There’s the woman who suffered from bleeding for twelve years. She wanted to be healed –she had tried very hard to find healing. She believed Jesus could heal her, but she was faced with a huge challenge because she couldn’t even get to him because she would have to go through the crowds and her uncleanness would make those with whom she came into contact unclean. If she touched Jesus he would become unclean. But she faced that challenge because somewhere in her, she knew she had the opportunity to be healed. And she was. If she hadn’t faced the challenge her opportunity would have been lost.

Zacchaeus for some reason had a strong desire to make contact with Jesus. His lack of stature and the density of the crowd presented him with a challenge and prevented him from fulfilling his desire. His door of opportunity presented itself in the form of a sycamore tree.

The synoptic Gospels refer to an incident, early in Jesus’ ministry, when four men arrived at Capernaum carrying a paralysed man to Jesus and again the crowd numbers prevented them from getting anywhere near the Lord. In this instance it wasn’t a door that opened for them. They took measures into their own hands, they opened the roof of the home and lowered their friend right into Jesus’ presence.

I invite you to think about the challenges you might be facing at the moment. They might not be huge challenges – thankfully we are not faced with those kind too often. Then look for the opportunities which lie behind them. They are always there and, if you let him, God will help you find them.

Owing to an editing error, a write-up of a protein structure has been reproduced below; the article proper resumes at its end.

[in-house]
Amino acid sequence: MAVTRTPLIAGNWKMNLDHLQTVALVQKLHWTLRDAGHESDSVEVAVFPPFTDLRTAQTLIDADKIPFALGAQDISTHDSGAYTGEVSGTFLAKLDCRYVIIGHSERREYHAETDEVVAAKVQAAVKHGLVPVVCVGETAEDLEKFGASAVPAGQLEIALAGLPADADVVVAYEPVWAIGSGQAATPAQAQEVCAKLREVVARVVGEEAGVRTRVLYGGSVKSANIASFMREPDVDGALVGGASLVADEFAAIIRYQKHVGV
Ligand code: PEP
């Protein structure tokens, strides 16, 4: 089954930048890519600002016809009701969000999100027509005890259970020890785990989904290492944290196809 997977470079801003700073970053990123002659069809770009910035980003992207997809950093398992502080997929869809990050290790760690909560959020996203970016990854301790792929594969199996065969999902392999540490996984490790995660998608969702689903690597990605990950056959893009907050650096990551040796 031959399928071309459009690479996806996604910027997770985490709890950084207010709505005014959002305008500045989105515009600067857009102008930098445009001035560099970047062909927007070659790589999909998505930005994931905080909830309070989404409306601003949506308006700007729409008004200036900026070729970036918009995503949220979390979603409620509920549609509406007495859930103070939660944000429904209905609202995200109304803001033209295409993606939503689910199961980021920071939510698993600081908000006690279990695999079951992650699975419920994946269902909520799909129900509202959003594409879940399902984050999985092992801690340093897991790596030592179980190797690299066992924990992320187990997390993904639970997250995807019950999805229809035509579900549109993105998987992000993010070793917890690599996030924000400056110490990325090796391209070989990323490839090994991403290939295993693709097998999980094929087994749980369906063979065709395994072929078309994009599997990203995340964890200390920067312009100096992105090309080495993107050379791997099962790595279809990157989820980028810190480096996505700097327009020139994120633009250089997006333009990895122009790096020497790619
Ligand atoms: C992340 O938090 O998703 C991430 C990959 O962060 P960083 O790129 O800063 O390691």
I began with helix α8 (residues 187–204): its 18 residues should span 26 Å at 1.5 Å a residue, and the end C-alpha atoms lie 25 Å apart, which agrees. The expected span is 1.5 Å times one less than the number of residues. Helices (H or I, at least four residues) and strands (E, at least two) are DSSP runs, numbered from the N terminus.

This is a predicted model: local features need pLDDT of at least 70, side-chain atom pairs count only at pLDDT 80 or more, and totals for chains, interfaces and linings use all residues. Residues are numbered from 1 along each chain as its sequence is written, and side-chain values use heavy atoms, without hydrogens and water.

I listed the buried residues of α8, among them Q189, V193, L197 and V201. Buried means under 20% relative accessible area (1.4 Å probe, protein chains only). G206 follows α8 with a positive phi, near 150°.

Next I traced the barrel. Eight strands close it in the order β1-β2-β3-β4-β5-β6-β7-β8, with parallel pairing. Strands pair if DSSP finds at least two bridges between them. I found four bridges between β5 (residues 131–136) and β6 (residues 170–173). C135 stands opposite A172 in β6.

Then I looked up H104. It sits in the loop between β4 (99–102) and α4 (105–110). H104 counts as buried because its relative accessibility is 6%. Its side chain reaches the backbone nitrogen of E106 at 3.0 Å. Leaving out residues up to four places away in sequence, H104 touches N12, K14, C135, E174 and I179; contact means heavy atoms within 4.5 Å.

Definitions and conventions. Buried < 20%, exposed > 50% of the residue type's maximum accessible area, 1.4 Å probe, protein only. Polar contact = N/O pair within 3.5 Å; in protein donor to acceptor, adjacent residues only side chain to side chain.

Credit: Photo by Anton Mislawsky on Unsplash

Hymn – 533, Will You Come and Follow Me. Listen here.

Prayer of Thanksgiving and Intercession

Lord, we remain together yet apart. We yearn to come together as a congregation again and worship you together.

Lord, we miss our Church Family. We miss the small things – the smile of welcome, the nod of acknowledgement across one side of the church to a friend on the other, the gathering over coffee and the chance to share our stories.

“God is with us” is a comfort to us and is not an insurance policy against pain, or a talisman against misfortune. Lord, be with us in our pain, our worry, and be present even when life goes against us.

Lord, these are hard times as people all over the world over struggle with pandemic. We are united in the struggle and our wishes to come together again will have to wait, but we pray that you will give us encouragement as we go forward with strength for what is ahead.

We pray for all those within the caring professions as they continue to show their devotion and professionalism helping those who are ill. We pray for all those helping to support people with family members unwell and our heart goes out to the bereaved.

We remember those who have to make decisions about our current state of lockdown. Those who are seeking to find ways to bring back safely our schools, our activities, our “non-essential” services, and forge a path back to a more normal life.

Let us go out into our world, the community we know, our workplaces and our homes, with hearts open and ready to love those we meet. We can make a positive difference. We pray the words of the old hymn “they will know we are Christians by our love”.

In the week ahead let us remember the welcome of God, Father, Son and Holy Spirit whose heart closes no-one out – but whose love is for all, always.

Amen

Blessing